That consists of investigating academics’ publications, court experts’ opinions and books, for which he bills as much as $400 an hour. But the bulk of his clients typically fall into two categories: Men seeking to discredit their ex-wives amid or after a divorce (but never vice versa) and people trying to undermine their neighbors’ credibility in nasty disputes over property lines.

He says he now receives about 50 inquiries a month, and that people have begun sending him tips on big cases like the one he mounted against Christine Aschbacher, the Austrian labor minister who stepped down in January after a plagiarism scandal.

“It’s a gold mine,” he said of Austrians’ schadenfreude.

Mr. Weber took an odd life route to his current station. Born in Salzburg to a strict and controlling office-clerk father who checked his school bag each evening, and a mother who worked as a homemaker, young Stefan showed early signs of being a math prodigy.

“May you remain humble in triumph,” a teacher cautioned the 11-year-old Stefan. He excelled in most subjects, with physical education being the clear exception. Even these days, when his current partner, Birgit Kolb, hikes in the Alps, Mr. Weber opts for the cable car for the climb to the top.

As a student at the University of Salzburg, he realized that the triumph his teacher had foreseen long ago was not going to be found in math. Despite his prodigious memory, he was unable to follow the university math professors and instead turned to “the idiot degree everyone studies: communications.”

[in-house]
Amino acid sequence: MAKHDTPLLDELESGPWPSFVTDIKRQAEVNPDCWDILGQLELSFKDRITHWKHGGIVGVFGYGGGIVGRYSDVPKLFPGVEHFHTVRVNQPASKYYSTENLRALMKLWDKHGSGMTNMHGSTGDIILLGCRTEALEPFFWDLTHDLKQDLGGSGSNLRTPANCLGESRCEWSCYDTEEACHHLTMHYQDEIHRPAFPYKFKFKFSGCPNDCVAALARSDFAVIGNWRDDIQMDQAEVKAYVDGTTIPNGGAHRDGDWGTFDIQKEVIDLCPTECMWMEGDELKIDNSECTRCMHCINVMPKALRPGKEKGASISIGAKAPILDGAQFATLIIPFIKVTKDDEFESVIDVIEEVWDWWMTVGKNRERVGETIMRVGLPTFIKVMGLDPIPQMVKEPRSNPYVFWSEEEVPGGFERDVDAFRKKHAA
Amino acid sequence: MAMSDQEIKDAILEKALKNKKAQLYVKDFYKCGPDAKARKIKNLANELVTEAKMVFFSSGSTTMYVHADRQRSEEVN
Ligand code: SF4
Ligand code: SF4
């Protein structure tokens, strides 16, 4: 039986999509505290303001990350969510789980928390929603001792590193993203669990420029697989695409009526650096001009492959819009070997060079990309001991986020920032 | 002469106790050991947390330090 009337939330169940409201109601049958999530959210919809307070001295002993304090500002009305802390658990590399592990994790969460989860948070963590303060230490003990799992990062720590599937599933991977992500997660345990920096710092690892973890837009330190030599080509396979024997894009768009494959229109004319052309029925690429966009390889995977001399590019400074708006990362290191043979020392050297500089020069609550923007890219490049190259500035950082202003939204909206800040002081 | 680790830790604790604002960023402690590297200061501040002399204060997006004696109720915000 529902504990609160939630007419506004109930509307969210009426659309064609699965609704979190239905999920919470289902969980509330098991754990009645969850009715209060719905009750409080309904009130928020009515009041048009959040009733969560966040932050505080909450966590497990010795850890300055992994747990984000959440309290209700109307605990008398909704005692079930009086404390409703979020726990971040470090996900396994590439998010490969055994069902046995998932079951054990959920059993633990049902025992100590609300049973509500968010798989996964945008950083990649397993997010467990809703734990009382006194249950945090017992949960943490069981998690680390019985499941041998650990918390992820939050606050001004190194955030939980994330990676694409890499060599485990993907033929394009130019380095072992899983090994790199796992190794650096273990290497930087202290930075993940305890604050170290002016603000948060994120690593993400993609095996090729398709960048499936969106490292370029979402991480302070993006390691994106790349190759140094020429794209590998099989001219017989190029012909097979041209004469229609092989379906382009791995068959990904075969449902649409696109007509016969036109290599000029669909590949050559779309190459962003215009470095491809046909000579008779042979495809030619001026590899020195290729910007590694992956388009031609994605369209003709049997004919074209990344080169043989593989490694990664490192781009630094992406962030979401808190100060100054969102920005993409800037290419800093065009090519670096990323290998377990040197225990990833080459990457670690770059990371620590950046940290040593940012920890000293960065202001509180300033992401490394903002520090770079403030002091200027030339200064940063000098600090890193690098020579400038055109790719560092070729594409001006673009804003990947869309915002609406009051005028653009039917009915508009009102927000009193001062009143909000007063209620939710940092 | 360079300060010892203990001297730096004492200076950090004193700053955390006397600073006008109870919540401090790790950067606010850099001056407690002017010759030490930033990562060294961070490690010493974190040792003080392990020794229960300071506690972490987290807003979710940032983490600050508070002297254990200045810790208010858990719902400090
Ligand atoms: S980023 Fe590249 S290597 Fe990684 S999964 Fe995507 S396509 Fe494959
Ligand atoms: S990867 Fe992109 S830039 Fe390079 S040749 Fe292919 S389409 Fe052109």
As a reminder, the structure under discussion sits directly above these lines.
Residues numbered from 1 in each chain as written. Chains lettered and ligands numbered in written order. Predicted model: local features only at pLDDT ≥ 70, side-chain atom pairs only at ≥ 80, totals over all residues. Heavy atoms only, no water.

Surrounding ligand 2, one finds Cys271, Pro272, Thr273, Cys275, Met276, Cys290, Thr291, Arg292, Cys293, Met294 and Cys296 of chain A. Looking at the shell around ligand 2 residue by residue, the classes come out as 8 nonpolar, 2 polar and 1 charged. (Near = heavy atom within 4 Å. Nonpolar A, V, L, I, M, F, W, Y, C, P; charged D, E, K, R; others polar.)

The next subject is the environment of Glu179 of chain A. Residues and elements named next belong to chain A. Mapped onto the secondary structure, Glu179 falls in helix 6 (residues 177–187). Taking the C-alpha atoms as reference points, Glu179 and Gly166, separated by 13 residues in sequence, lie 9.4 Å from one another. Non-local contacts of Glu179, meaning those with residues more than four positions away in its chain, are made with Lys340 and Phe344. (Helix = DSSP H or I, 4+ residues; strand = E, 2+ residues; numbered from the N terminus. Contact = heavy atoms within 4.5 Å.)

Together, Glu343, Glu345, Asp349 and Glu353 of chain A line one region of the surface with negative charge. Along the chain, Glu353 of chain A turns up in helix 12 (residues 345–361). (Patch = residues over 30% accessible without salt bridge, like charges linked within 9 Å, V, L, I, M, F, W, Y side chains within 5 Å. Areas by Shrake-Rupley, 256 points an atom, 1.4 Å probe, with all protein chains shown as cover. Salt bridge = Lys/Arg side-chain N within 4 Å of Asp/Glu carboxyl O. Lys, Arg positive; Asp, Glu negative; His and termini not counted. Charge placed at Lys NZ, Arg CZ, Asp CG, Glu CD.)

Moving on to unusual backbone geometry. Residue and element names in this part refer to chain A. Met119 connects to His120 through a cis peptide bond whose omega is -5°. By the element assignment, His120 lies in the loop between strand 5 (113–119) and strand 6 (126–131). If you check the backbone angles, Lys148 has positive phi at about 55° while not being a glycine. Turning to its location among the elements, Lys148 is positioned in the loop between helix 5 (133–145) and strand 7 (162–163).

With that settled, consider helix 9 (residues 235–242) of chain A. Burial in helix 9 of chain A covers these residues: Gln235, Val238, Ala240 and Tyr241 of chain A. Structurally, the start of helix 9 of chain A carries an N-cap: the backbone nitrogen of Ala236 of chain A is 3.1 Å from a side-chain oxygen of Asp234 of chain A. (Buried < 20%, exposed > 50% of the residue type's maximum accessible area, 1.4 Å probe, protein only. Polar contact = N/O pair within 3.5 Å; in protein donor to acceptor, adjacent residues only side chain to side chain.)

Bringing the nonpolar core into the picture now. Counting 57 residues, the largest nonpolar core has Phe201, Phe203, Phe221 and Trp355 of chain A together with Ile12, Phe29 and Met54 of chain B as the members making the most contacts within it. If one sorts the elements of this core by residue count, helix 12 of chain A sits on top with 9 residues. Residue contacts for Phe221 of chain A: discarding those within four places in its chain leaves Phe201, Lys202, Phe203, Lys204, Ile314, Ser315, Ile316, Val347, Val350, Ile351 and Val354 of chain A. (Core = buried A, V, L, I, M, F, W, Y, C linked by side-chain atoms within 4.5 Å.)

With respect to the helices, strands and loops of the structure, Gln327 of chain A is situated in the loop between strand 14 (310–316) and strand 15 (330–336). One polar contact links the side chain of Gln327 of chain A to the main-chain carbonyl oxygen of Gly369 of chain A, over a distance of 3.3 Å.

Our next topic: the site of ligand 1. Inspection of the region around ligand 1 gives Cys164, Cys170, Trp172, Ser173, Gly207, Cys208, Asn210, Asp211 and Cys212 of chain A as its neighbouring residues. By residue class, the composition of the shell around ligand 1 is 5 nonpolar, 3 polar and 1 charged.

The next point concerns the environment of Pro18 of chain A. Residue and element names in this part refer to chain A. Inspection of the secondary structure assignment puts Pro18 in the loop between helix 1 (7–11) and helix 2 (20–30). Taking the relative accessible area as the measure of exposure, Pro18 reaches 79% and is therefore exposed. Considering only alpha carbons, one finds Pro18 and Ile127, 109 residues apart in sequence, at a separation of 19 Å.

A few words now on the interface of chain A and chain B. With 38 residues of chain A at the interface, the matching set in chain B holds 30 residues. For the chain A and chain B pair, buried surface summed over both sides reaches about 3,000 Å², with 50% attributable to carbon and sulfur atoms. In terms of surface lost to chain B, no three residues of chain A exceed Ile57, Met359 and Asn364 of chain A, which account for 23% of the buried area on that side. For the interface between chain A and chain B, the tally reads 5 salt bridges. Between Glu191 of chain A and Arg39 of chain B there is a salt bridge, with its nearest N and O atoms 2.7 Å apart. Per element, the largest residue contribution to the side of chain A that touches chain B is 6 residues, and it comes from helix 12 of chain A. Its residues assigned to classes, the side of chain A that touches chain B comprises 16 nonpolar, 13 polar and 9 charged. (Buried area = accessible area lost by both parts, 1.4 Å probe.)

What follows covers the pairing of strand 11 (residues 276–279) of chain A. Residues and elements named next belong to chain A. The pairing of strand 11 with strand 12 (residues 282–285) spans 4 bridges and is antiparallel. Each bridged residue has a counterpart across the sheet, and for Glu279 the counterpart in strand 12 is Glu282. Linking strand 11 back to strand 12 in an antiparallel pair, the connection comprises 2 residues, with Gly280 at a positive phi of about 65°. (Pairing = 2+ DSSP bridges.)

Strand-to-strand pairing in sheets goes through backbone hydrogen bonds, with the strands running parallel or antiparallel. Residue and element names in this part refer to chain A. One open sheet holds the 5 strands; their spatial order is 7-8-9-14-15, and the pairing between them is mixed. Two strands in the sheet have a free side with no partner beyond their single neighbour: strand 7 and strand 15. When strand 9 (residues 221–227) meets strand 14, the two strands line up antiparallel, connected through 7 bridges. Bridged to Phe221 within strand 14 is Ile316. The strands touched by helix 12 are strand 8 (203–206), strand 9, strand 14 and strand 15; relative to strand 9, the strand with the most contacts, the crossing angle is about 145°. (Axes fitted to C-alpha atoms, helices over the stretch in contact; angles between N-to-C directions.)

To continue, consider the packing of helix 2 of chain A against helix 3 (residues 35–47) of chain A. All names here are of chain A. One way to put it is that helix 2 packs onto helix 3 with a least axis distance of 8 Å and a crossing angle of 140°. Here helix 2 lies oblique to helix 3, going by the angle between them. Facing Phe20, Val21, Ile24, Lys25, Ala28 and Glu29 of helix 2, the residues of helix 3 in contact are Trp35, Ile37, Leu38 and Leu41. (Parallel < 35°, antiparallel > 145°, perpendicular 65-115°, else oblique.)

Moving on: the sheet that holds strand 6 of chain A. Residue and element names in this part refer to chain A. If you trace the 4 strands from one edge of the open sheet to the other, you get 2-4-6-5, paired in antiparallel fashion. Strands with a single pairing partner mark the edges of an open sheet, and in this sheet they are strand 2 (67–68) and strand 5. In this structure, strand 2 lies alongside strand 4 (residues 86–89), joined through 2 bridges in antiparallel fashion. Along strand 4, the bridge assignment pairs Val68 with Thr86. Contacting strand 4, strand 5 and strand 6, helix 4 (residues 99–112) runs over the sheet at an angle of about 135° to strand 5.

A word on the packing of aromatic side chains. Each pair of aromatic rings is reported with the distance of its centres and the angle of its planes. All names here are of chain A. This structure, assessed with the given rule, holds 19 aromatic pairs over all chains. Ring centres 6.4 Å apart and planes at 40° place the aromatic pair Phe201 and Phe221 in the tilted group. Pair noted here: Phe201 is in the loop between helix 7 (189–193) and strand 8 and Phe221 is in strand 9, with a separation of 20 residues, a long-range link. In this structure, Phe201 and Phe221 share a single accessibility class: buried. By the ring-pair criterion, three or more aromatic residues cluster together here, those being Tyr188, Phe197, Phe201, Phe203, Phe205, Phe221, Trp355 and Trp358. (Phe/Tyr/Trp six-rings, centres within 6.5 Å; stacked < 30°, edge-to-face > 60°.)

Communications was a breeze, and Mr. Weber went on to teach at eight universities in Austria and Germany, always vying for tenure. He never attained it.

“Colleagues described him as ‘socially incompatible,'” says Thomas Bauer, a retired communications professor from the University of Vienna who supported Mr. Weber’s path to tenure. Embroiled in a dispute with a tenured professor and a university librarian, he spent his 32nd birthday penning a three-page “letter of protest” to the Austrian Society of Communication.


“I know when I’m annoying people with my meticulousness,” Mr. Weber said, sitting in his office in Salzburg, Austria.Credit…Laetitia Vancon for The New York Times